To investigate effects on gene expression levels we performed RNA sequencing, obtaining data for the expression of >4500 genes in each isogenic cell line. We identified 402 and 378 genes with more than 4-fold change up or down, respectively, in the DIP2C knockout clones under normal growth conditions (Additional file 2: Table S3). Strikingly, DIP2C +/− clones in many cases exhibited gene expression changes to the same magnitude as DIP2C −/− clones. From the gene lists, twelve of the most up-regulated (RGS4, HGF, IL13RA2, CALB2, CDKN2A and DCDC2) and down-regulated (TNS4, SLC1A3, MAP1B, UCA1, GRPR and DCLK1) genes were assayed by RT-qPCR in independent DIP2C −/− samples, validating gene expression changes consistent with the RNA sequencing data for all tested genes (Fig. 2). Gene set enrichment analysis (GSEA) [22] indicated function in epithelial to mesenchymal transition (EMT), apoptosis, inflammation and angiogenesis, along with genes regulated by different signalling pathways, such as TNF and KRAS, among the differentially expressed genes (Additional file 2: Table S4). Similarly, functional enrichment analysis using the DAVID bioinformatical resources [24] showed enrichment of genes involved with cell migration, blood vessel development and cell death (Additional file 2: Table S5). In summary, expression profiling revealed hundreds of genes, many of which implicated in processes linked to cancer, for which expression was altered by DIP2C knockout.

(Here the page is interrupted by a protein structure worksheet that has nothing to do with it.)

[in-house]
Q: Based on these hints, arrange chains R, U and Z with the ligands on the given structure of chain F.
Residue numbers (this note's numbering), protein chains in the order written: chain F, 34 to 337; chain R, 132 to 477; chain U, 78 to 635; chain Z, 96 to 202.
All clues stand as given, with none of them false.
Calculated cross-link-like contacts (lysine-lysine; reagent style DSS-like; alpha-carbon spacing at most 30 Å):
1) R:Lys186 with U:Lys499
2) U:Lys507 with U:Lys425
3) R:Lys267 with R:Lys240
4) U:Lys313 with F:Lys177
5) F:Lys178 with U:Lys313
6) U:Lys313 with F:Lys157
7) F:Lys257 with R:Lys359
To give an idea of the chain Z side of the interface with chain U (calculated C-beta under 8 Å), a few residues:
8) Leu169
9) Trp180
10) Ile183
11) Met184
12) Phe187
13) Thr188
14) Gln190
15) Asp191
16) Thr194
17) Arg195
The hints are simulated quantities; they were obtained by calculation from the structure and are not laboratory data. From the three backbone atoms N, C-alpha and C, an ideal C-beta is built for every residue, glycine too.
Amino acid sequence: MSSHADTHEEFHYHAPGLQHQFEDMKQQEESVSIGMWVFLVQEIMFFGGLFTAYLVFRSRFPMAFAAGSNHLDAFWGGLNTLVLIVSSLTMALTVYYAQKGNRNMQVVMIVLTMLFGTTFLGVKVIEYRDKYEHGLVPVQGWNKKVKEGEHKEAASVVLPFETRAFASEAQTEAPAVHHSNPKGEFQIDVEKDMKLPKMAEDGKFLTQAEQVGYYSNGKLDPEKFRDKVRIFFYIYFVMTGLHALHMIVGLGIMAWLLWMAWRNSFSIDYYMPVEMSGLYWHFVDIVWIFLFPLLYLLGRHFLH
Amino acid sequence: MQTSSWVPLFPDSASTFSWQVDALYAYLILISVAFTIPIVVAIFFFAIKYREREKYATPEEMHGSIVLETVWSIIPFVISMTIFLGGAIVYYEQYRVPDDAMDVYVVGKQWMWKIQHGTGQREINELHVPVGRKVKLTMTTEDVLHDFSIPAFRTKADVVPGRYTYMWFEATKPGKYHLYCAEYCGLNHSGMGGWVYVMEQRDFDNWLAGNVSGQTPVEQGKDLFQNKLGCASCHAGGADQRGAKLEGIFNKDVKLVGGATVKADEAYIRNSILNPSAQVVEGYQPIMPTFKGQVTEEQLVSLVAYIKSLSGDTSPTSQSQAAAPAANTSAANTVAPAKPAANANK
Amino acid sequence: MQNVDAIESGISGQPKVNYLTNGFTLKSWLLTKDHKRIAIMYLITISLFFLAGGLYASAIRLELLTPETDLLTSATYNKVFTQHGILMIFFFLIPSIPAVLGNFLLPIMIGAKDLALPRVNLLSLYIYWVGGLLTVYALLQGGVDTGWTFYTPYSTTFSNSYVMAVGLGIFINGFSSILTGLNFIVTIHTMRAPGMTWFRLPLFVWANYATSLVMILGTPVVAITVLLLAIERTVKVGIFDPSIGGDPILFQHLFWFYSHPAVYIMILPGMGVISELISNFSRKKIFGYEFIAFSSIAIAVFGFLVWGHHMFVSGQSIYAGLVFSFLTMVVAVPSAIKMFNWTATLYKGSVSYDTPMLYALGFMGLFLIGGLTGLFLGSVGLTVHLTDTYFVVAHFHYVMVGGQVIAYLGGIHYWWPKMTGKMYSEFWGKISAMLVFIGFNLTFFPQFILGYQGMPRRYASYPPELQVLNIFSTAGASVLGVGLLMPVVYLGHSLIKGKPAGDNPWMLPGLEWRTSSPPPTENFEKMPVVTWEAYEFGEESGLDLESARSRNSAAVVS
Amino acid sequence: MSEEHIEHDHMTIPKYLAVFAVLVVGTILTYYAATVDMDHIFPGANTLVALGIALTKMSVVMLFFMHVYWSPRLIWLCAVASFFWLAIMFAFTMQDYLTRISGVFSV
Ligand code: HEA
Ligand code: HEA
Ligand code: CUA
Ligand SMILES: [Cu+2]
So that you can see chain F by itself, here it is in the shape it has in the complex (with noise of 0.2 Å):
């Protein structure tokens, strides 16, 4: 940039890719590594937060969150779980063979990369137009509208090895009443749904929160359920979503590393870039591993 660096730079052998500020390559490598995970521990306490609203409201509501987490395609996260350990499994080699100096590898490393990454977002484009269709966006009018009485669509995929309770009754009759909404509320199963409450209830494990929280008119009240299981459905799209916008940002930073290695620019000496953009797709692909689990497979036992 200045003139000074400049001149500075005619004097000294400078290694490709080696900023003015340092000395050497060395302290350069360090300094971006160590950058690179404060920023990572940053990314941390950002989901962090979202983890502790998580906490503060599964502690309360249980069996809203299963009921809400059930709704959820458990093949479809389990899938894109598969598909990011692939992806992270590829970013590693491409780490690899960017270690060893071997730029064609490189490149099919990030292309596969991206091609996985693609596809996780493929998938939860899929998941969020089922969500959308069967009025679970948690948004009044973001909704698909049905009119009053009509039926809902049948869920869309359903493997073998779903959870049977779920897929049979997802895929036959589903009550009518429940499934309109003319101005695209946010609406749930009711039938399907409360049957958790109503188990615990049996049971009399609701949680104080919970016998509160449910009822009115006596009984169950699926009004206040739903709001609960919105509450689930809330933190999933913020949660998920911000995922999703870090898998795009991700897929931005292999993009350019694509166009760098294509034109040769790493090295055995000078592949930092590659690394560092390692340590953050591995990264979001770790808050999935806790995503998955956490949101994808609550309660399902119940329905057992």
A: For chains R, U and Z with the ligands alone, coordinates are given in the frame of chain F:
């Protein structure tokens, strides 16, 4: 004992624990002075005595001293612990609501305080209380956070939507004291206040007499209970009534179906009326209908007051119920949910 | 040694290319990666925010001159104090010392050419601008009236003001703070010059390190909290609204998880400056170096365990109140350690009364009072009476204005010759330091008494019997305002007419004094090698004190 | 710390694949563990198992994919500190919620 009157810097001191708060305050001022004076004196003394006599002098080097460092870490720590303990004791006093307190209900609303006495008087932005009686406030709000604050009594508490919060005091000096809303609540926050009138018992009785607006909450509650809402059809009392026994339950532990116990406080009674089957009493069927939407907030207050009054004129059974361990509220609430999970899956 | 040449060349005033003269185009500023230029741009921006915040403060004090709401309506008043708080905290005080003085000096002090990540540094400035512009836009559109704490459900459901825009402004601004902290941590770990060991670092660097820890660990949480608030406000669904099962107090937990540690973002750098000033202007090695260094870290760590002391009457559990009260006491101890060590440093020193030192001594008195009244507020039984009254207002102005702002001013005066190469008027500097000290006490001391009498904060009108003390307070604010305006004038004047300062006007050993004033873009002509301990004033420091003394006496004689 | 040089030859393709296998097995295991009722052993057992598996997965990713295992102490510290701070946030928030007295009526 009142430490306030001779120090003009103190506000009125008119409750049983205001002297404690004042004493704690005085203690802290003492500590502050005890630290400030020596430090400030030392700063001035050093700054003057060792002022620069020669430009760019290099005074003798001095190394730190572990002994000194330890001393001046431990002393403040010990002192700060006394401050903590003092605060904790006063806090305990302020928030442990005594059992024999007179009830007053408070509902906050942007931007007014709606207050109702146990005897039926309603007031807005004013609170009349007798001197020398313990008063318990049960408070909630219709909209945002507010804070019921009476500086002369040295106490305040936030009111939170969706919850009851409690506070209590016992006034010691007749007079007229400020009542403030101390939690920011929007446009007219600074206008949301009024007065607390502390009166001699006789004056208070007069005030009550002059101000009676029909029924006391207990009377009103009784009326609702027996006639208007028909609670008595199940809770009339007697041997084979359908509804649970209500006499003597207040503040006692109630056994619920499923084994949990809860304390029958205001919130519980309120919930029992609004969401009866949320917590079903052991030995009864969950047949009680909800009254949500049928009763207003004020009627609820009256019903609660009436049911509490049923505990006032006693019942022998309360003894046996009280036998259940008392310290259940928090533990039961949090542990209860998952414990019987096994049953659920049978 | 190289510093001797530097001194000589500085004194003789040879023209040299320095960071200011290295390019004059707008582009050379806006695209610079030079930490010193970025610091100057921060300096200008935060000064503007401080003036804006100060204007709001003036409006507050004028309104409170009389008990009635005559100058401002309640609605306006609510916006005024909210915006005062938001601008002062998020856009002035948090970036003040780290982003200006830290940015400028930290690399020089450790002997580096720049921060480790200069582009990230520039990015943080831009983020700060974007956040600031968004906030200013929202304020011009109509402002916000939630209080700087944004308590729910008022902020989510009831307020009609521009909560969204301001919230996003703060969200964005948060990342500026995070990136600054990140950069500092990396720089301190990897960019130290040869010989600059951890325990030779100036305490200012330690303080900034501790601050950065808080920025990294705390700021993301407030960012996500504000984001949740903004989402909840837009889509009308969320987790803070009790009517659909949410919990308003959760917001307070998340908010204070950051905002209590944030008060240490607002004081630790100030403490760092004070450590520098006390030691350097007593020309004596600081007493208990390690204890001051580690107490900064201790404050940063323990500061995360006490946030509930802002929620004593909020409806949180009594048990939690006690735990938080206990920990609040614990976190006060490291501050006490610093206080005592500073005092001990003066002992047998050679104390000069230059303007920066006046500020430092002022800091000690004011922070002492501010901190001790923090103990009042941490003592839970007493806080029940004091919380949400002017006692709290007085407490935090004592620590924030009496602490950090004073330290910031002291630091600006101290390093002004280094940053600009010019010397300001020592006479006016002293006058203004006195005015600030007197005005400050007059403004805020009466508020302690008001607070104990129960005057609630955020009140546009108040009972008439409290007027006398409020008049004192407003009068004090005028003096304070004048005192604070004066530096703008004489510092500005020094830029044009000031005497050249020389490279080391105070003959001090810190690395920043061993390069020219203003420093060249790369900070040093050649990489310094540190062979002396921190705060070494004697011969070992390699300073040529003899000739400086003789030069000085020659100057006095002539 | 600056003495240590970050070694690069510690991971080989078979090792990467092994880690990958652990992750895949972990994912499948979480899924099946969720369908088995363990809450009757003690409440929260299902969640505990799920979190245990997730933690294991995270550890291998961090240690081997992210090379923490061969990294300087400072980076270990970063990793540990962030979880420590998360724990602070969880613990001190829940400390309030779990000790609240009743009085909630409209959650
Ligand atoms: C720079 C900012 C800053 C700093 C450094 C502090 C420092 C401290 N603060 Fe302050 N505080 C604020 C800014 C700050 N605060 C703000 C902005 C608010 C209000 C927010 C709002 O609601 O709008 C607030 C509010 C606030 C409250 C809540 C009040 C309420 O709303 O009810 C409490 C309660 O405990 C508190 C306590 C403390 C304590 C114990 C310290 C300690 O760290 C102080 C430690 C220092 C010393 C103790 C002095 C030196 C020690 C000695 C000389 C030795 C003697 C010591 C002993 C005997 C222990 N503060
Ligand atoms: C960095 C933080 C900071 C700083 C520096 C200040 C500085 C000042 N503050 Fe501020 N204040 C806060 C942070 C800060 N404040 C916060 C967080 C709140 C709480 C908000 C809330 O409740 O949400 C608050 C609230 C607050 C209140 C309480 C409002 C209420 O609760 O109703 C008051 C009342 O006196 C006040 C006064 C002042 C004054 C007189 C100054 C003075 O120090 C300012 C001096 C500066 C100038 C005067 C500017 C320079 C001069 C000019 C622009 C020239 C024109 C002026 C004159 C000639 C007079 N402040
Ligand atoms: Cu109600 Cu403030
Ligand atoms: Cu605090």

Fig. 2
figure 2

Loss of DIP2C induces changes in gene expression. Expression levels determined by RNA sequencing were verified by RT-qPCR for six upregulated and six downregulated genes in DIP2C −/− cells. White bars – RT-qPCR, black bars – RNA sequencing. Mean expression in two biological replicates of DIP2C −/− #1-1 and one DIP2C −/− #1-2 sample normalized to the mean of biological triplicates of parental RKO is shown for RT-qPCR data. All samples were run with technical triplicates. Error bars, SD. Mean log2 fold change for DIP2C −/− #1-1 and #1-2 relative parental RKO is shown for RNA sequencing data. DCLK1 was not detectable by RT-qPCR in DIP2C −/− cells although stably expressed in parental RKO and is therefore not included in the graph

Characterization of cell growth